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Figure 2. Lesion area in aortas of female LDLr -/- mice after 6 weeks on a cholesterol-rich diet containing soybean oil or pequi oil. A, Photograph of aortas stained with Sudan IV. B, Percentage of lesion area. Data are reported as means ± SEM (N = 10/group). *P < 0.05 compared to the Soybean group (Student t-test).

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Figure 3. Serum levels of anti-oxLDL autoantibody and production of reactive oxygen species (ROS) by resident peritoneal macrophages from LDLr -/- mice after 2 weeks on a soybean diet or a pequi oil diet. A, Serum anti-oxLDL autoantibody (*P < 0.05, Student t-test). B, Kinetic profile of chemiluminescence of ROS production for 1 h measured at intervals of 60 s (reported as relative light units - RLU). C, Area under the curve (AUC) of ROS production in the Soybean and Pequi groups without stimulation (baseline) or stimulated with zymosan. oxLDL = oxidized LDL. The AUC is reported as means ± SEM (N = 5). *P < 0.05 for the Pequi group + zymosan vs Soybean group + zymosan (Student t-test).

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Table 1. Composition of soybean and pequi oil-rich isocaloric diets.

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Table 2. Food intake, body weight gain, plasma glucose and serum lipids, and hepatic lipids in female LDLr -/- mice fed a soybean or pequi oil-rich diet for 6 weeks.

[View larger version of this table (231 K JPG file)]

Table 3. Hepatic lipid peroxidation (thiobarbituric acid reactive substances - TBARS), hepatic superoxide dismutase (SOD) activity and hepatic catalase activity in female LDLr -/- mice fed a soybean or pequi oil diet for 6 weeks.

[View larger version of this table (138 K JPG file)]


Our studies showed a paradoxical effect of pequi oil on atherogenesis. After 6 weeks of pequi oil-supplemented diet intake, lesions were increased in the aortic root but were reduced in the aorta when compared to those of animals that ingested a soybean control diet. In contrast, blood lipids presented a more atherogenic profile in the Pequi group, whereas the antioxidant status was improved. The fatty acid composition of pequi oil (approximately 36% SFA) could be responsible for the poorer lipid profile, as increased SFA intake is a known risk factor for dyslipidemia and atherosclerosis. Palmitic fatty acid, the predominant SFA in pequi oil, is one of the most atherogenic fatty acids and is widely linked to both hypertriglyceridemia and hypercholesterolemia, especially associated with LDL cholesterol (20). The proportion of MUFA in pequi oil did not appear to be adequate to counteract the effects of SFA on blood lipids. Regarding soybean oil composition, our results agree with other studies demonstrating that it is composed of approximately 15% SFA, 20% MUFA, and more than 40% of the PUFA linoleic acid (18:2 ω-6) (21-24). Therefore, although pequi oil has more than 50% PUFA in its composition, the high proportion of SFA gives the pequi oil a fatty acid distribution that is more atherogenic than soybean oil, resulting in the hypercholesterolemia seen in the pequi oil diet group. The higher concentration of total lipids in the livers of animals in the Pequi group may also be related to the high intake of SFA, since it favors the synthesis of triacylglycerol for subsequent secretion of very LDL (25,26).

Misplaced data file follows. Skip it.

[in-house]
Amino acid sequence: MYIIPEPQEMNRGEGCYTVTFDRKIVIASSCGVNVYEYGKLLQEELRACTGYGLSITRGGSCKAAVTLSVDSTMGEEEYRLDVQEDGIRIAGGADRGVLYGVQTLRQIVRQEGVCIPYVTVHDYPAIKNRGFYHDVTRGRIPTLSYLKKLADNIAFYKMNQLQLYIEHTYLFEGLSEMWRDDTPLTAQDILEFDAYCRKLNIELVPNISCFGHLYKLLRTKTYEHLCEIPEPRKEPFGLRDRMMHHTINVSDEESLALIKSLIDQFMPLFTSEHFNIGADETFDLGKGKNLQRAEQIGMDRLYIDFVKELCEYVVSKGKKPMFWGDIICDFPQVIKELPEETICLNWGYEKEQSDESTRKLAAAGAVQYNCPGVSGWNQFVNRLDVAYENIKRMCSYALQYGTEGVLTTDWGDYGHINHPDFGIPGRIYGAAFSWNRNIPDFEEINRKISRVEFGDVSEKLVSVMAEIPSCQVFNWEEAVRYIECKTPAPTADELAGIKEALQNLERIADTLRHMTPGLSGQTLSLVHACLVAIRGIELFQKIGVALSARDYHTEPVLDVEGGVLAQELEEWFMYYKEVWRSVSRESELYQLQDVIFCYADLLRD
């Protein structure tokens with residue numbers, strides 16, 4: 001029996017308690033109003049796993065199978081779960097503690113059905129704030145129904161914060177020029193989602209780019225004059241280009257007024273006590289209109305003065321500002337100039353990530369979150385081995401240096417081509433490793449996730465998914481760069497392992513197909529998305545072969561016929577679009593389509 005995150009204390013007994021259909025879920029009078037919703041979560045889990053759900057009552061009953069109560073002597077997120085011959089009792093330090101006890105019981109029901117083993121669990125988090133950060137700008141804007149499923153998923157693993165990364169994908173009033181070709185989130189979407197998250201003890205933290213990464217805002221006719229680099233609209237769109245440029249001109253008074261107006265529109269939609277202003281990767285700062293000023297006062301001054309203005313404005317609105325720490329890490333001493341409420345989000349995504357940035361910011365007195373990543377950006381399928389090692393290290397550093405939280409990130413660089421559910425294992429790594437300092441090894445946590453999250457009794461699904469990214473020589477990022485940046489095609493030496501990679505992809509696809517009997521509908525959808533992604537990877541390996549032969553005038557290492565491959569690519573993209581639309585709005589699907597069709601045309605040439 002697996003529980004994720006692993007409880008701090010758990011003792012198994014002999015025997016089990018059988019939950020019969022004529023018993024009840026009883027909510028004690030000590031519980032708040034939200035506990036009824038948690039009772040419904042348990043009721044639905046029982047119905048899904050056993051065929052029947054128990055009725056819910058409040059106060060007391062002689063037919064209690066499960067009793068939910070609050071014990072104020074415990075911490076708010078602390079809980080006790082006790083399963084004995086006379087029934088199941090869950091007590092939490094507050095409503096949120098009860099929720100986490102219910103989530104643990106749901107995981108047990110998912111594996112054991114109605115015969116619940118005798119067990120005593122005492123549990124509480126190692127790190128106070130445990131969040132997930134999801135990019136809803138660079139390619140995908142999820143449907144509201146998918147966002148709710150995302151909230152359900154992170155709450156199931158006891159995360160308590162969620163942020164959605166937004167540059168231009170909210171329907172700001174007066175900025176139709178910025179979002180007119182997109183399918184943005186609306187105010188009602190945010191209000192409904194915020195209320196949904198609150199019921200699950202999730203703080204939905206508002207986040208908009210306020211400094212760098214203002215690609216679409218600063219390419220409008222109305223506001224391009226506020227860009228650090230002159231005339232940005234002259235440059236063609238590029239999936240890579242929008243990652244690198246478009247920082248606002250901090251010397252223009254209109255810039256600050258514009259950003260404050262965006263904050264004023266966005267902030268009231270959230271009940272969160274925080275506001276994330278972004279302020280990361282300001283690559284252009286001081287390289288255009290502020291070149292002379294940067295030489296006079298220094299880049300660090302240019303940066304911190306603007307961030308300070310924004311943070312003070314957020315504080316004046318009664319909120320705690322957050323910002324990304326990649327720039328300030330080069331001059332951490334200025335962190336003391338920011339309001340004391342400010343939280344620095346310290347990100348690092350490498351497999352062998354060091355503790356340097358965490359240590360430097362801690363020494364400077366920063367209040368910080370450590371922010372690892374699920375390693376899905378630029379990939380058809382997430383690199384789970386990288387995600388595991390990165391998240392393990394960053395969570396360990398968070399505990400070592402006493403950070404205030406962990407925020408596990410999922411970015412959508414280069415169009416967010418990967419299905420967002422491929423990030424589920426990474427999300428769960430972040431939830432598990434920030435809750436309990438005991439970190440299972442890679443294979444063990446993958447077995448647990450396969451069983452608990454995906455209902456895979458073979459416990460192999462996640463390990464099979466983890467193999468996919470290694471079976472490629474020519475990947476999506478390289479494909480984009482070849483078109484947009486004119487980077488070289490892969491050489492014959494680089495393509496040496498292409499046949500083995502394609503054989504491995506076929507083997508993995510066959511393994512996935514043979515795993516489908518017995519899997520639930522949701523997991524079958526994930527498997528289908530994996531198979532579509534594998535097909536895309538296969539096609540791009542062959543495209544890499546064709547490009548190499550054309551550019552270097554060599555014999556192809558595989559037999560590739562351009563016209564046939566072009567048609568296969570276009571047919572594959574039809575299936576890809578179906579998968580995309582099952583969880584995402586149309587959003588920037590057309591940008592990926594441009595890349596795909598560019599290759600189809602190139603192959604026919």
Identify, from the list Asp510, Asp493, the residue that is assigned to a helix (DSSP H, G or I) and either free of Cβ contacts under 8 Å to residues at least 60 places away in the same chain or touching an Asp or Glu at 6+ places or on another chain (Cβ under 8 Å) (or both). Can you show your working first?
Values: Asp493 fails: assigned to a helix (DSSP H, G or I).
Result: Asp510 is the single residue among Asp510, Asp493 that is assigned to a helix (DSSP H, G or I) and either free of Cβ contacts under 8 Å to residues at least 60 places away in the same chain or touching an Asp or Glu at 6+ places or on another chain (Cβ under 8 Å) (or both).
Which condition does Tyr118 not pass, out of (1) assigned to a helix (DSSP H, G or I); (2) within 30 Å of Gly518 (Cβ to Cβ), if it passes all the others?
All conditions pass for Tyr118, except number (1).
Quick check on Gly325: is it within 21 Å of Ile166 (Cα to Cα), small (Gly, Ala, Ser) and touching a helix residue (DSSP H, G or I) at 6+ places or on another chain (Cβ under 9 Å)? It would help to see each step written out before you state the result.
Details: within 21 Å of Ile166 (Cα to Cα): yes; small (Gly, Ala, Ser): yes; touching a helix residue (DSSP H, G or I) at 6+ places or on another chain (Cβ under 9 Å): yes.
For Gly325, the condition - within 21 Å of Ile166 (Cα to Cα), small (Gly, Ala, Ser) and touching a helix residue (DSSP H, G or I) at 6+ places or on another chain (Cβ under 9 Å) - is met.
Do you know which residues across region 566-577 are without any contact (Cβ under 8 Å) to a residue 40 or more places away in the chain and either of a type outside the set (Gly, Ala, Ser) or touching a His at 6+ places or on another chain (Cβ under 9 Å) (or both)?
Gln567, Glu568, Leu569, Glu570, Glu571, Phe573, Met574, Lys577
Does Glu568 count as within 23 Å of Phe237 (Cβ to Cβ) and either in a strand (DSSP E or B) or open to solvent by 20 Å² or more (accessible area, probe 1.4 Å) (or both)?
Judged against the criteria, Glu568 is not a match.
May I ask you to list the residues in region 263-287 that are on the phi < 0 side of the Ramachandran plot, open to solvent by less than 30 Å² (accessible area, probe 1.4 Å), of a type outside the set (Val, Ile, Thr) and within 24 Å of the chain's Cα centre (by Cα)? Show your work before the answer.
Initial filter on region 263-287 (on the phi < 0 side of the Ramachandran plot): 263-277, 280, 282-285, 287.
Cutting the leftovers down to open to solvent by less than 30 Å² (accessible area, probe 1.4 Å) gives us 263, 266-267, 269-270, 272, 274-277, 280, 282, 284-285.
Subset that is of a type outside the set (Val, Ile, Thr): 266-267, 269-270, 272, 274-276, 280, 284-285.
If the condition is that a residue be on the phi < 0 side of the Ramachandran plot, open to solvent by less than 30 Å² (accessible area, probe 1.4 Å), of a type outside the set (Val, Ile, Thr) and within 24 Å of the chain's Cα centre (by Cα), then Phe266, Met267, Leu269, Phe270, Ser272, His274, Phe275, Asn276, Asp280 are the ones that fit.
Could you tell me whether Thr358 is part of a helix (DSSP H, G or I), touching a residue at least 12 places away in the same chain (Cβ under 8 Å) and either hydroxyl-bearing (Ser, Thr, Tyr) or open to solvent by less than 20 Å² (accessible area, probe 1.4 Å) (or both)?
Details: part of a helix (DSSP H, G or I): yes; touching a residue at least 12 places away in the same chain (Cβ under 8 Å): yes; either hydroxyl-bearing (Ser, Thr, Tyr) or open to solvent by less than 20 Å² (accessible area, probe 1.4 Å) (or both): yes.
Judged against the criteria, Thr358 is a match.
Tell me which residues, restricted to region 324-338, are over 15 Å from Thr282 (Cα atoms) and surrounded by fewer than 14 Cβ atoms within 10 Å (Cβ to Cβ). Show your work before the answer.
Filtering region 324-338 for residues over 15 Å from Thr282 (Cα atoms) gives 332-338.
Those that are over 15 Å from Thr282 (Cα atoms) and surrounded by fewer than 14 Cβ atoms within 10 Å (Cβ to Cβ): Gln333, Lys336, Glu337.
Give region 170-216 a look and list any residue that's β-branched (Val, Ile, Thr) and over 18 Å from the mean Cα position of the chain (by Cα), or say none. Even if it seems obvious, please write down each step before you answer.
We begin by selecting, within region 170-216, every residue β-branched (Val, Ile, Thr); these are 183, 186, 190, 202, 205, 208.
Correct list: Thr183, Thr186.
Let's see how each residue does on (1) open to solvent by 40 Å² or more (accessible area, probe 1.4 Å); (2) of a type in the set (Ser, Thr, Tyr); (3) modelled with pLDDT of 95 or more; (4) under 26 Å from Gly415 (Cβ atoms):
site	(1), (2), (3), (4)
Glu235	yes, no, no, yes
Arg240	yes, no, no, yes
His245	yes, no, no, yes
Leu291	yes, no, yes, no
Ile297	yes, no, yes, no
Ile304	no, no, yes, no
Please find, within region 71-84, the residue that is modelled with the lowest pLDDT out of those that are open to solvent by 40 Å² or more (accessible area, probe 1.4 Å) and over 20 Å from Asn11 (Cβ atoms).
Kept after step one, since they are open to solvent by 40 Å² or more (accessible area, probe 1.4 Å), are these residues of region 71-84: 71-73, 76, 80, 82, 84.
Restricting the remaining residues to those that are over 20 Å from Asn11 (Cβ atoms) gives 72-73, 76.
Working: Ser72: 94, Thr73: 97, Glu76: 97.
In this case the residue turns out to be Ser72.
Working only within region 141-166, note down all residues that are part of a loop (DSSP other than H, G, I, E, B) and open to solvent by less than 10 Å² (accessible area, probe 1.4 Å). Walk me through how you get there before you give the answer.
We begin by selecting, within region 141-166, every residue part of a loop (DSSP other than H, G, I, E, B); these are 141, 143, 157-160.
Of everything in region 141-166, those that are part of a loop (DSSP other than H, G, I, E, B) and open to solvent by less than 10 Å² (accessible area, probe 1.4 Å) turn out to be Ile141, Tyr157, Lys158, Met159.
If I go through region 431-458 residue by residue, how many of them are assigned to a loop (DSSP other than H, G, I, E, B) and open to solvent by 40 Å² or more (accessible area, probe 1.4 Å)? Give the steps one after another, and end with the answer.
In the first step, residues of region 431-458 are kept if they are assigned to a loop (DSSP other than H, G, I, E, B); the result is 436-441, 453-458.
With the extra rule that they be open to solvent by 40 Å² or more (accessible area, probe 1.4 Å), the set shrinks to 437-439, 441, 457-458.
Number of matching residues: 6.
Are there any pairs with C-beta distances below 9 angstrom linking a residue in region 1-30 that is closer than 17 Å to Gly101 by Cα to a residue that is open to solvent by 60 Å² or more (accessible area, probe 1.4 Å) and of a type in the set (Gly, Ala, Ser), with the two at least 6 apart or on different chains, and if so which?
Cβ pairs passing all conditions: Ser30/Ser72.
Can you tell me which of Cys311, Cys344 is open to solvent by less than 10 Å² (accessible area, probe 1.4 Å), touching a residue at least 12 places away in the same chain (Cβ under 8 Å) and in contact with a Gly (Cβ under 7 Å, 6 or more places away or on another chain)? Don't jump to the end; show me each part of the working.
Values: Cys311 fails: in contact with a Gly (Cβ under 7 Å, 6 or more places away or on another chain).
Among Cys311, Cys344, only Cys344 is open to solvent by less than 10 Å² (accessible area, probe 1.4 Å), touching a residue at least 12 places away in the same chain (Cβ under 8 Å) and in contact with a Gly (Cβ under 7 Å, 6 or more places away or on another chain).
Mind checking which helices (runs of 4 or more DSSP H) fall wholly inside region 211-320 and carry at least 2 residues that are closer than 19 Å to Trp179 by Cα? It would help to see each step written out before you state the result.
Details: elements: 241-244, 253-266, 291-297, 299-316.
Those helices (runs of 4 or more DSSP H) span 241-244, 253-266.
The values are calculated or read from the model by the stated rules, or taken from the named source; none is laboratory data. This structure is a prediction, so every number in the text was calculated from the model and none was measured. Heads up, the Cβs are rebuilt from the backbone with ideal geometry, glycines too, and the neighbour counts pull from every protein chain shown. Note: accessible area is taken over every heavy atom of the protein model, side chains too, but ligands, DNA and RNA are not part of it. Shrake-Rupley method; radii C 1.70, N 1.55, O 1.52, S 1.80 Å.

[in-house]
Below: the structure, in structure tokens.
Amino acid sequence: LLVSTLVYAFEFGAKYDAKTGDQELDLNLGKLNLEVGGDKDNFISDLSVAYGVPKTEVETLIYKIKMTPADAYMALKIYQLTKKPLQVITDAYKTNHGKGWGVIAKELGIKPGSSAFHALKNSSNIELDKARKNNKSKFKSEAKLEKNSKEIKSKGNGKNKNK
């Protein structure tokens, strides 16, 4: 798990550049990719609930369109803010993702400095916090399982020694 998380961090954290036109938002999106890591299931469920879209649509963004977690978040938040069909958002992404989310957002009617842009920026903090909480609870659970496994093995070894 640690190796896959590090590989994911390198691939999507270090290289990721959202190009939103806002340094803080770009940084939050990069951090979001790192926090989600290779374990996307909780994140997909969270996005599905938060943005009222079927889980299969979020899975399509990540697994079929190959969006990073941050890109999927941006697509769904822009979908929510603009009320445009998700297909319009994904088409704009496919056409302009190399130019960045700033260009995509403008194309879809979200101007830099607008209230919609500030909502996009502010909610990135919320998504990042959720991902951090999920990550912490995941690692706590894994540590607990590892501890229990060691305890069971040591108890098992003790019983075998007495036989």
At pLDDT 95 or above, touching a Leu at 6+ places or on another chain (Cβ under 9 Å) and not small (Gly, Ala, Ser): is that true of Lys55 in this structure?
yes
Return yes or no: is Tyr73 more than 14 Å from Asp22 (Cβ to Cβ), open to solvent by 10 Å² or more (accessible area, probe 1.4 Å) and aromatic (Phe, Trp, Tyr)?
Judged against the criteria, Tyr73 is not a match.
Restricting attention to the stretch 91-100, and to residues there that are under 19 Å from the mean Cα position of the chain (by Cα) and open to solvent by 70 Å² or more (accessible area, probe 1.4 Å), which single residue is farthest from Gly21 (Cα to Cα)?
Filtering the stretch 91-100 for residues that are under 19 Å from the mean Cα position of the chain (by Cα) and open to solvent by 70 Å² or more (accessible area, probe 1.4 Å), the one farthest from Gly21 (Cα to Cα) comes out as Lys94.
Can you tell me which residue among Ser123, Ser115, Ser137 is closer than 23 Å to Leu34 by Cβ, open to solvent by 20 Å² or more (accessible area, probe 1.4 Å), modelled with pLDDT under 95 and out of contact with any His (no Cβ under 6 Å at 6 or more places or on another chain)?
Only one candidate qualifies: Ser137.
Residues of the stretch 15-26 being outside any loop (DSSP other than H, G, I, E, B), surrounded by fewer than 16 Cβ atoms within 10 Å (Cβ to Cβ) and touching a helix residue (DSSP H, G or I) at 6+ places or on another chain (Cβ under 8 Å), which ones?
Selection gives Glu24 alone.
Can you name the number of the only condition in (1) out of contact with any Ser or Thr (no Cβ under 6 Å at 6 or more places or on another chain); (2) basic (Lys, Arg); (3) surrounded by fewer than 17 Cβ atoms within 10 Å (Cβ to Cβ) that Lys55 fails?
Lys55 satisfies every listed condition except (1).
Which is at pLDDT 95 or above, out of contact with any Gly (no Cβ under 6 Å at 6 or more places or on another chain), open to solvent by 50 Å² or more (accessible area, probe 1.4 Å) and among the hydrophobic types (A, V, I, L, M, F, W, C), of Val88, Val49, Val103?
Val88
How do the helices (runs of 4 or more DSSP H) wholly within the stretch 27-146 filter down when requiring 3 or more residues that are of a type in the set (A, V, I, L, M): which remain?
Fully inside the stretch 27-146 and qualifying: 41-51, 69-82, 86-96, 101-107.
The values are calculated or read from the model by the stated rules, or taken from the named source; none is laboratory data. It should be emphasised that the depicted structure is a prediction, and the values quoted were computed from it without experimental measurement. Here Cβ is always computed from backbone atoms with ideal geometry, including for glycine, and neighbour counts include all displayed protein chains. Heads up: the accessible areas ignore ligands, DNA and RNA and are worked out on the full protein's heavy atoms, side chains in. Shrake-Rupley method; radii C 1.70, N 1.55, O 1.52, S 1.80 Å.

Several studies have shown that the antioxidant activity of pequi extracts has the ability to scavenge free radicals, reduce lipid peroxidation and prevent oxidative damage to DNA (20,27-29). In vivo studies carried out in human runners also detected a reduction in plasma lipid peroxidation after pequi oil intake (27,30,31), which is in agreement with the reduction of lipid peroxidation in the liver seen in the present study. Moreover, the release of free radicals was reduced in residential macrophages in the Pequi oil group compared to control after zymosan stimulation. All of these data support the beneficial effect of pequi in reducing oxidative stress, which is a key factor in the genesis of atherosclerosis. Although native LDL can initiate the immune response and the formation of foam cells, oxLDL, which may be increased by oxidative stress, is a more powerful atherogenic stimulus, activating endothelial cells and inducing scavenger receptor expression in macrophages. Thus, a cholesterol-rich diet containing pequi oil was once again associated with atheroprotective actions, as the reduction of oxidative stress suggests a reduced LDL oxidation in the bloodstream.